• [ISSN] 1078-0432
  • [Journal-full-title] Clinical cancer research : an official journal of the American Association for Cancer Research
  • [ISO-abbreviation] Clin. Cancer Res.
  • [Language] eng
  • [Grant] United States / NCI NIH HHS / CN / N01-CN-65003
  • [Publication-type] Clinical Trial; Clinical Trial, Phase I; Journal Article; Research Support, Non-U.S. Gov't; Research Support, U.S. Gov't, P.H.S.
  • [Publication-country] United States
  • [Chemical-registry-number] 0 / Antineoplastic Agents; 0 / Biomarkers; 0 / Biomarkers, Tumor; 0 / Monoterpenes; 319R5C7293 / perilla alcohol
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4. Tong AW, Papayoti MH, Netto G, Armstrong DT, Ordonez G, Lawson JM, Stone MJ: Growth-inhibitory effects of CD40 ligand (CD154) and its endogenous expression in human breast cancer. Clin Cancer Res; 2001 Mar;7(3):691-703
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  • [Title] Growth-inhibitory effects of CD40 ligand (CD154) and its endogenous expression in human breast cancer.
  • We examined the growth outcome of CD40 ligation in human breast cancer cells, using CD40+ (T47D and BT-20) and CD40-negative (MCF-7, ZR-75-1) cell lines as defined by flow cytometric analysis, immunohistochemistry, and reverse transcription-PCR.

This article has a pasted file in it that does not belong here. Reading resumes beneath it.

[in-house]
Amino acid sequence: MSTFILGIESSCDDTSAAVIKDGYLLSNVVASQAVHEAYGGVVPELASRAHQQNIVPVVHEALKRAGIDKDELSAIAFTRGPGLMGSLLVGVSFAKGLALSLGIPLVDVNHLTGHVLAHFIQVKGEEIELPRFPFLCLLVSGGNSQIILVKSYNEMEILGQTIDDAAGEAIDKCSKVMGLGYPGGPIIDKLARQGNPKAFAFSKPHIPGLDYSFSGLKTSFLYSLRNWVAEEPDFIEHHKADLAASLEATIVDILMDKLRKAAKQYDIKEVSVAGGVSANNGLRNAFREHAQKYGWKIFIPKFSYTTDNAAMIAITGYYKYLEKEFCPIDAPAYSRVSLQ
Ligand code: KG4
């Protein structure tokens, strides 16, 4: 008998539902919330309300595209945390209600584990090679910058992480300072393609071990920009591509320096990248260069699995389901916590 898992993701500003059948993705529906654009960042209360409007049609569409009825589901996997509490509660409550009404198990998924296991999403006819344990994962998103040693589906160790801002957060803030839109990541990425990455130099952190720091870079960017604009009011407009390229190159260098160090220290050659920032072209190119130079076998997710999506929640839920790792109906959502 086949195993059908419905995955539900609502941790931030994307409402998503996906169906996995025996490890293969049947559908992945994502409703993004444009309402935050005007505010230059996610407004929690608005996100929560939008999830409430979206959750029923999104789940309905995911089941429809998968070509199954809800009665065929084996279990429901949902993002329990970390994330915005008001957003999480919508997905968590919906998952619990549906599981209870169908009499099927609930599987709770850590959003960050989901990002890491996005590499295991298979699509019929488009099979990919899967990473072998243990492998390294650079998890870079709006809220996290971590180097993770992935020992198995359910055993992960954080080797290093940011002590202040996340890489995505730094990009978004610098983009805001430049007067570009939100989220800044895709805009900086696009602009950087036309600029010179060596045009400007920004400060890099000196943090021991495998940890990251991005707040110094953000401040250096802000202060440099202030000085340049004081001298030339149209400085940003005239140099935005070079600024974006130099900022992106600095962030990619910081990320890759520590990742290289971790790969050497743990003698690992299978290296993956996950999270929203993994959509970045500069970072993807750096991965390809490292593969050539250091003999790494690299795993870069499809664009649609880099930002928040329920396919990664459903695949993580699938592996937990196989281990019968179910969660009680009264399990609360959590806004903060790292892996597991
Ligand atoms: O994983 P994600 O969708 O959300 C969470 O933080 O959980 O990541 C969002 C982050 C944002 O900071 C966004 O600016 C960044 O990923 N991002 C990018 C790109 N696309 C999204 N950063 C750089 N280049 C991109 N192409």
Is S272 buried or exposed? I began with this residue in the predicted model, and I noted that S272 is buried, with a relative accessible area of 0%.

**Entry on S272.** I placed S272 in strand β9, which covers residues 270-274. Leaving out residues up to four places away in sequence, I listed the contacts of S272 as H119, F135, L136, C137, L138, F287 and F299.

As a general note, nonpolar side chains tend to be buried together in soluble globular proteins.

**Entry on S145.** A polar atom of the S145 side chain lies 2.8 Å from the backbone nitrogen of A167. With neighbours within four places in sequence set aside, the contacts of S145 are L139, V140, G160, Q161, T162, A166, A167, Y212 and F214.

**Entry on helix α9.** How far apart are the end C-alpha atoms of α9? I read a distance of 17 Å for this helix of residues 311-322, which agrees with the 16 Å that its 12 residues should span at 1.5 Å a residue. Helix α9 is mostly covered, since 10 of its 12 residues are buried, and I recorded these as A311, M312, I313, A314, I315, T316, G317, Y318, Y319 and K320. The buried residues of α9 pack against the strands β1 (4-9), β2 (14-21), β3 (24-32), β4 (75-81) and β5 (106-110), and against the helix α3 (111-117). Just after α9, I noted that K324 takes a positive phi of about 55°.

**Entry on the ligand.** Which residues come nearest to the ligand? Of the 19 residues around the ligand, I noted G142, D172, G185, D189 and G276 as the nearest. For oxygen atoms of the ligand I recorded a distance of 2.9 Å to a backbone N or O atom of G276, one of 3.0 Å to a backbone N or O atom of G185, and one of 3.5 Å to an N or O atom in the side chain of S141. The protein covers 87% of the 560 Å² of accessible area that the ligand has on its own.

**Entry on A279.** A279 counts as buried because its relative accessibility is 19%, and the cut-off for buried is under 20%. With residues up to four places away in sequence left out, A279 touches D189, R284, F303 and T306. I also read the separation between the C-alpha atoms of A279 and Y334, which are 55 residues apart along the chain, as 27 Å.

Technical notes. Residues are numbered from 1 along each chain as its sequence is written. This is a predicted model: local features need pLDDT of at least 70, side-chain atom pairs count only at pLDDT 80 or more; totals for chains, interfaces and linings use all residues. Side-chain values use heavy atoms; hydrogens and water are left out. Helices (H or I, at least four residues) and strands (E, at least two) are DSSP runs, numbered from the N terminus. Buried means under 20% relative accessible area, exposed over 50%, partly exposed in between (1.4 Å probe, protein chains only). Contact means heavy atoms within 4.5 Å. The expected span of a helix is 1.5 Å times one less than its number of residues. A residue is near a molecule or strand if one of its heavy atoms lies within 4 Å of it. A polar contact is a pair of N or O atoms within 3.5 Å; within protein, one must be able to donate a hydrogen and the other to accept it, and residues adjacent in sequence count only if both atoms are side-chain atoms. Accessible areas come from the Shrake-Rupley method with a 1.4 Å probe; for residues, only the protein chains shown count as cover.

• Treatment with the soluble recombinant CD40 ligand (CD40L) molecules gp39 or CD40L-trimer significantly reduced [3H]thymidine uptake in BT-20 and T47D cells by up to 40%, but did not affect the growth of CD40-negative MCF-7 or ZR-75-1 cells.
  • Untransfected L cells and non-CD40L-expressing lymphocytes did not produce significant growth inhibition.
  • Pretreatment with two different soluble recombinant CD40L constructs (CD40L and gp39) produced similar xenograft growth-inhibitory effects [67 +/- 24% (n = 4), and 65 +/- 14% (n = 8) inhibition, respectively], which were reversed by co-treatment with the CD40L-neutralizing antibody LL48.
  • Thirty-one and 27% of gp39-treated T47D and BT-20 cells underwent apoptosis, respectively, as compared with 56 and 65% from the same cell lines after treatment with the Fas agonistic antibody CH-11.
  • To explore the clinical relevance of CD40L-CD40 interaction, retrospective immunohistochemical analysis was carried to characterize in situ CD40- and CD40L-expression in breast cancer patient biopsies.
  • All of the infiltrating ductal (5 of 5 cases tested) and lobular (4 of 4 cases) breast carcinomas, carcinomas in situ (6 of 6 cases), and mucinous carcinoma tested (1 case) expressed CD40.